MSK’s Graduate School Welcomes New Dean, Bids Farewell to Its First

Molecular biologist Ken Marians and cell biologist Michael Overholtzer

Call it a changing of the guard. Come January 1, 2019, the Gerstner Sloan Kettering Graduate School of Biomedical Sciences (GSK) — MSK’s PhD-granting institution — will have a new dean. GSK’s Board of Trustees voted yesterday to appoint cell biologist Michael Overholtzer to this important role. Dr. Overholtzer will succeed molecular biologist Ken Marians, GSK’s founding Dean, who has served in that position for more than a decade.

GSK Provost and Sloan Kettering Institute Director Joan Massagué announced the decision to the faculty and students last night.

“Across SKI, Mike Overholtzer is by far one of our most active, visionary, and committed faculty members when it comes to guiding graduate education,” Dr. Massagué says. “He is an ideal candidate to take over as the next dean of GSK.”

Innovative Researcher, Valued Institutional Citizen

A member of the SKI Cell Biology Program since 2008, Dr. Overholtzer is an internationally recognized cell biologist who has made major contributions to scientists’ understanding of cell death. He was the first to describe entosis, a form of cell death that involves “winner” cells eating “loser” cells.

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He furthered showed that entosis provides a selective growth advantage for tumor cells, by permitting them to gain chromosomes and scavenge nutrients. More recently, he provided the first evidence that entosis occurs during normal development too.

Dr. Overholtzer has also made important discoveries related to another form of cell death called ferroptosis — literally death by iron. He found that nanoparticles can induce this form of cell death, which kills by causing reactive oxygen species to build up and overwhelm the cell. Together with colleagues at MSK and Weill Cornell, Dr. Overholtzer is exploring ways to harness this type of cell death as a form of cancer therapy.

In addition to his scientific credentials, Dr. Overholtzer brings a wealth of teaching and administrative experience to his new role. He has been Co-Director of the Biochemistry, Structural Biology, Cell Biology, Developmental Biology, and Molecular Biology Program at the shared graduate school between Weill Cornell Medicine and SKI, and he has chaired the program’s admission committee. He has also taught numerous courses for both GSK and Weill Cornell and served as Director of GSK’s Summer Undergraduate Research Program (SURP).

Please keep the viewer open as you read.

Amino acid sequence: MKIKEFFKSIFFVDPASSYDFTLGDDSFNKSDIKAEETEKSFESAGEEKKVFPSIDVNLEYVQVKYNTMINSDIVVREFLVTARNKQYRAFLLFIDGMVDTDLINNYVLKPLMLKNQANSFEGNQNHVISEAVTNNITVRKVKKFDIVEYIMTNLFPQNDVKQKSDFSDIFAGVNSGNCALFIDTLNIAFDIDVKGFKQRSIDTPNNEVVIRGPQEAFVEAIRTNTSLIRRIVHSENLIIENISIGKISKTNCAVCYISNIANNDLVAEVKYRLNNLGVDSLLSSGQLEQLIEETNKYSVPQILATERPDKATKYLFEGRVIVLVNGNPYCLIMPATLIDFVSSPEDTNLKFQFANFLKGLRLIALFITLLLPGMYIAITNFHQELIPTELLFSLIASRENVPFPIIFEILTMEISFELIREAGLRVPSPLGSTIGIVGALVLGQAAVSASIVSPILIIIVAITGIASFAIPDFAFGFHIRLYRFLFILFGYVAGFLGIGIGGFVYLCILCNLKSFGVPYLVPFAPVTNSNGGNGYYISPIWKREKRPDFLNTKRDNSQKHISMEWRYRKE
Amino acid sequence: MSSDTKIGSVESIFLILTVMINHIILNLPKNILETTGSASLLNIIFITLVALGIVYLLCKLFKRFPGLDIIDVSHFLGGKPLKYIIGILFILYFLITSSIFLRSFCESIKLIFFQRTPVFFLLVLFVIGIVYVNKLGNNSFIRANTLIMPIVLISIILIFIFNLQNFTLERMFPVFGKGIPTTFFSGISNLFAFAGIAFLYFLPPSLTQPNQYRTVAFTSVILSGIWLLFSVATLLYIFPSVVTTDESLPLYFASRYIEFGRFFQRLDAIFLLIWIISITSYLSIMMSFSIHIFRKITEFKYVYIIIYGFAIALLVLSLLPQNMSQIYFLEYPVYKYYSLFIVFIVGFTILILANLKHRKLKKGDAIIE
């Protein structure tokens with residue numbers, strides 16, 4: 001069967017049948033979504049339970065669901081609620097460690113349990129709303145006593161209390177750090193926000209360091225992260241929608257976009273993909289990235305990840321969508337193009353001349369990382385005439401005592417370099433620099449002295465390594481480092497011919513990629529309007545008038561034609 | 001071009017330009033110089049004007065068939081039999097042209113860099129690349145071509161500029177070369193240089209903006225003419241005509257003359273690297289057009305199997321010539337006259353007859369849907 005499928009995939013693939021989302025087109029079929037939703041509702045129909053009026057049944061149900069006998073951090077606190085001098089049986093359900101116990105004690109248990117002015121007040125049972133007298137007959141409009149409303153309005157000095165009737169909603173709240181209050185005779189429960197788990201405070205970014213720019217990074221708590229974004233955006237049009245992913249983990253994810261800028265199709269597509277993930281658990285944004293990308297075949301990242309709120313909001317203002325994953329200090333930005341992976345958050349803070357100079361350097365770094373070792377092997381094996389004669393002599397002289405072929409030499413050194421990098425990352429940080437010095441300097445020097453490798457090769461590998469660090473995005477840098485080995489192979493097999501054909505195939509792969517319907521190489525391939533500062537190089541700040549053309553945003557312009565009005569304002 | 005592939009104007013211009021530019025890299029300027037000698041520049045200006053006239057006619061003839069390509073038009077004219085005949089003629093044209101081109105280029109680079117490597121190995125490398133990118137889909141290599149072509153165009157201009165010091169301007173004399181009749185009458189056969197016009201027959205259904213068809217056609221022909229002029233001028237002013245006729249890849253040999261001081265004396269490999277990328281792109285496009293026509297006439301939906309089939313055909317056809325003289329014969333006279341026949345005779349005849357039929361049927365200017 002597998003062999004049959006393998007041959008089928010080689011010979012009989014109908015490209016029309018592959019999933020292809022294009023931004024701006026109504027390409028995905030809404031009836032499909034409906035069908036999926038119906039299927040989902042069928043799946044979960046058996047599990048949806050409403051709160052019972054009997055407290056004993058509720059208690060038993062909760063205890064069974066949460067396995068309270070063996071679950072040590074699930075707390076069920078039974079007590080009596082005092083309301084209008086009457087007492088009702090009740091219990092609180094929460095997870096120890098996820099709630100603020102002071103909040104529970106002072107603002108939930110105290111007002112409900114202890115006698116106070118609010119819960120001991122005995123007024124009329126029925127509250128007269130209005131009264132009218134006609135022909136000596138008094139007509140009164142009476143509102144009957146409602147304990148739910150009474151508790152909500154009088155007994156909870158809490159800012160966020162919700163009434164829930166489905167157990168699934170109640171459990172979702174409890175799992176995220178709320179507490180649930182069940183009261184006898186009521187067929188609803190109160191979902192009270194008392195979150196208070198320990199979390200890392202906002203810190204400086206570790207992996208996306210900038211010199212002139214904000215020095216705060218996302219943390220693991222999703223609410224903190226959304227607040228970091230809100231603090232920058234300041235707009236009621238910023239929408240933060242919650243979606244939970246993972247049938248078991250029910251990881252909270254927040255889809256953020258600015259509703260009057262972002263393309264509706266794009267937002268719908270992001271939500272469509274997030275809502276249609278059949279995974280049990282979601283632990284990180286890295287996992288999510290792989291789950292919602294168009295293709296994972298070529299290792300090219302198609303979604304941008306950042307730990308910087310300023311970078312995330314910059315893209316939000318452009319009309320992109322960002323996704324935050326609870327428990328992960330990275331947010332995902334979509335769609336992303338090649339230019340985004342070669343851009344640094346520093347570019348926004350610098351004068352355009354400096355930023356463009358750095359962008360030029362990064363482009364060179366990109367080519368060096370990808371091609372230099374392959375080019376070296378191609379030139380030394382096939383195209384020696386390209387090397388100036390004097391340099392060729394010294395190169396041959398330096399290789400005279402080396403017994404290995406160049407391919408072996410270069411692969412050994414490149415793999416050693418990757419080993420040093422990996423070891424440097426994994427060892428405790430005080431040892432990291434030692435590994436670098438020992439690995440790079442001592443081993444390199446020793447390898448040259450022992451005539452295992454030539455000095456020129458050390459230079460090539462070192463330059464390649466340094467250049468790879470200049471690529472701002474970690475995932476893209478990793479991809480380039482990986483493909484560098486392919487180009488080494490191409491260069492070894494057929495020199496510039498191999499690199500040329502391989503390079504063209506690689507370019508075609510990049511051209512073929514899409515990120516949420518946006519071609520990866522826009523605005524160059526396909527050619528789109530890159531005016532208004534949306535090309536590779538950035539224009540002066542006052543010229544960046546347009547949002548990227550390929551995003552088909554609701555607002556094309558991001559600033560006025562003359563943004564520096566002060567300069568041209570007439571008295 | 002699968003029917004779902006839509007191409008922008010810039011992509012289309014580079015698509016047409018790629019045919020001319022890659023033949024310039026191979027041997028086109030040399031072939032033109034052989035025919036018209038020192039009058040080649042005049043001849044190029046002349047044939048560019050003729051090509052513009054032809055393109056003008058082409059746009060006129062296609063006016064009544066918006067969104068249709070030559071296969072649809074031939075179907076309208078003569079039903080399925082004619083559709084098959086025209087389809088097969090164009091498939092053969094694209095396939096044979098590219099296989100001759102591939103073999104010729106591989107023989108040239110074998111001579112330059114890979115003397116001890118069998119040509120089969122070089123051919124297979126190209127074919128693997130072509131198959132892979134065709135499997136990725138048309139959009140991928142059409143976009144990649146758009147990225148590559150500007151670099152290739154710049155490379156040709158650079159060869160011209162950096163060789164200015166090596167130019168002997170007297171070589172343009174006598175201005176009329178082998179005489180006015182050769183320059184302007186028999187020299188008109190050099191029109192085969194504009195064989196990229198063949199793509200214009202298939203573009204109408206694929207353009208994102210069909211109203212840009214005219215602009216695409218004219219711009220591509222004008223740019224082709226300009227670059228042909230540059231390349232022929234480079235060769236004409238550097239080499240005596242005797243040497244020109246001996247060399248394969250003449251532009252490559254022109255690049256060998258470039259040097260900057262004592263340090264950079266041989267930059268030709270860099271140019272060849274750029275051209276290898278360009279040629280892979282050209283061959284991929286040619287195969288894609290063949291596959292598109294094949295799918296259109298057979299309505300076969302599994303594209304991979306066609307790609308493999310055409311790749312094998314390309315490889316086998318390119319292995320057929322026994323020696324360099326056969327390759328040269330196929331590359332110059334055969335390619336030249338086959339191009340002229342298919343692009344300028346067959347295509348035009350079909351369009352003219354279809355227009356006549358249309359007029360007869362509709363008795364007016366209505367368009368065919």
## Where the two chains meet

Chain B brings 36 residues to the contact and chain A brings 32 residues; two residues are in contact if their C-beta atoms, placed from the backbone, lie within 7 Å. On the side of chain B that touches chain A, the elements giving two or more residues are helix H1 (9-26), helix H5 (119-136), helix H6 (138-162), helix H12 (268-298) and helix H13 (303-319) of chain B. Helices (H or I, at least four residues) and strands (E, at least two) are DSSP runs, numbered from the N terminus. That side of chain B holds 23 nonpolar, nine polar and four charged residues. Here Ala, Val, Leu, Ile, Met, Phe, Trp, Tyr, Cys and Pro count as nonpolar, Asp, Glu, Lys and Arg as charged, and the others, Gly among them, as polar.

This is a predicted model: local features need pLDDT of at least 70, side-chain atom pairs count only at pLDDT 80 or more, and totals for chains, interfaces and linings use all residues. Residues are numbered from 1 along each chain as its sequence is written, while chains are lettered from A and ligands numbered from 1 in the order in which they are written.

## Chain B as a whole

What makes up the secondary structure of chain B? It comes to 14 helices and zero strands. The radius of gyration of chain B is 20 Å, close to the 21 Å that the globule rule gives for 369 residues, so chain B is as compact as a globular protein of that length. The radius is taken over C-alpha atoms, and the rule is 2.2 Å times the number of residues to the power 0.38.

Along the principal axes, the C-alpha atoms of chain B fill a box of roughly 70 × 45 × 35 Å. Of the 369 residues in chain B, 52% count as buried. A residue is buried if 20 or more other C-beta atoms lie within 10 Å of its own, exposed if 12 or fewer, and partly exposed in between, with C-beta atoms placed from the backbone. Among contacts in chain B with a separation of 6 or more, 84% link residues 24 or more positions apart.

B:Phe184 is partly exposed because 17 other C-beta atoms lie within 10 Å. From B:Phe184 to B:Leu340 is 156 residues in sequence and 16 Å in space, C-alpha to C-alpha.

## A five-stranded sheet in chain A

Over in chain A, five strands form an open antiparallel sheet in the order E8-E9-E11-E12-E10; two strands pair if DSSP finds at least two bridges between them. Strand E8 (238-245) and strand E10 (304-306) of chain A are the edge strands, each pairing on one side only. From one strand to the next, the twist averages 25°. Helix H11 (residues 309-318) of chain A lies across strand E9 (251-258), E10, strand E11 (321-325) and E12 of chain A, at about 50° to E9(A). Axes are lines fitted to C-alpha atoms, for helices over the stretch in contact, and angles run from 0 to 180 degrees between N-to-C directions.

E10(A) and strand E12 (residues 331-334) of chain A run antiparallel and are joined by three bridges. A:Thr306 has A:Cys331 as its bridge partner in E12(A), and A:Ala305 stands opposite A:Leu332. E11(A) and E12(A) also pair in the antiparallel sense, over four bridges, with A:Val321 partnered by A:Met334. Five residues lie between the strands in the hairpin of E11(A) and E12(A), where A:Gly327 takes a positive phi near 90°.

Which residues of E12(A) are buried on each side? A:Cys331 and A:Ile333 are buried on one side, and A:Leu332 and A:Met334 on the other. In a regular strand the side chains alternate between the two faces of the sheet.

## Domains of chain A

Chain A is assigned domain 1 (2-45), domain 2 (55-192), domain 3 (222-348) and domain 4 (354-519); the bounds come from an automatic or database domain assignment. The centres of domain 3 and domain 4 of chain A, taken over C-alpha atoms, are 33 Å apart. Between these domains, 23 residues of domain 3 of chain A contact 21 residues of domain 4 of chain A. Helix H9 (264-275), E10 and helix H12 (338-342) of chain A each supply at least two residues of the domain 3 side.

Colleagues call him an extraordinary institutional citizen.

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A Strong Foundation

Dr. Overholtzer will succeed Kenneth Marians, who — along with former MSK President Harold Varmus and former SKI Director Tom Kelly — helped conceive of the school and bring it into existence.

Dr. Marians oversaw the application processes for GSK’s charter, granted by the New York State Board of Education in 2004, as well as its accreditation, approved by the New York State Board of Regents in 2008.

He has served as Dean for 13 classes of students, advising close to 60 of GSK’s first graduates.

“GSK is the shining jewel in the MSK educational crown, and its success can be largely attributed to the wisdom and hard work of Dr. Marians,” Dr. Massagué says.

Dr. Marians is a devoted teacher and mentor. As Dean, he has made it a point to attend weekly graduate student seminars to keep track of the year-to-year progress of every student.

“Ken would take notes on each student’s oral presentation and was always able to cite the research progress of any student in the program,” GSK Associate Dean Linda Burnley recalls. “He similarly would attend all poster sessions for both PhD and SURP students, probing them and giving feedback.”

GSK is the shining jewel in the MSK educational crown, and its success can be largely attributed to the wisdom and hard work of Dr. Marians.
Joan Massagué
Joan Massagué Director, Sloan Kettering Institute

Together with two faculty members, Dr. Marians regularly taught the GSK course Logical and Critical Analysis, which is held once per week for five weeks every August. It is in this course, he says, that students learn — or rather unlearn — how to read a scientific paper critically.

“We try to convince students that if they really want to make it in this business, they’ve got to learn to read critically,” Dr. Marians says. “That means not just reading the abstract and the conclusion but really analyzing the methods and asking whether the data support the conclusions.

“I think if you ask students, a lot of them will tell you that this course is one of the best parts of the curriculum,” he adds.

Though he will miss interacting with students, Dr. Marians is looking forward to starting up some new projects in his lab. And he has confidence that Dr. Overholtzer will capably steer GSK into its next phase.

“I think Mike will do a great job,” he says. “He’s already held important leadership roles here and at Weill Cornell. He’s very interactive and collaborative. I think he’ll be terrific.”

For his part, Dr. Overholzter is proud to have been entrusted with this important role. “Under Dr. Marians’s leadership, GSK has become a top graduate school in the biomedical sciences that attracts outstanding students,” he says. “I am particularly honored to follow in his footsteps and excited for the future of GSK.”

Next week we’ll have an interview with Dr. Marians as he reflects on his legacy as Dean.

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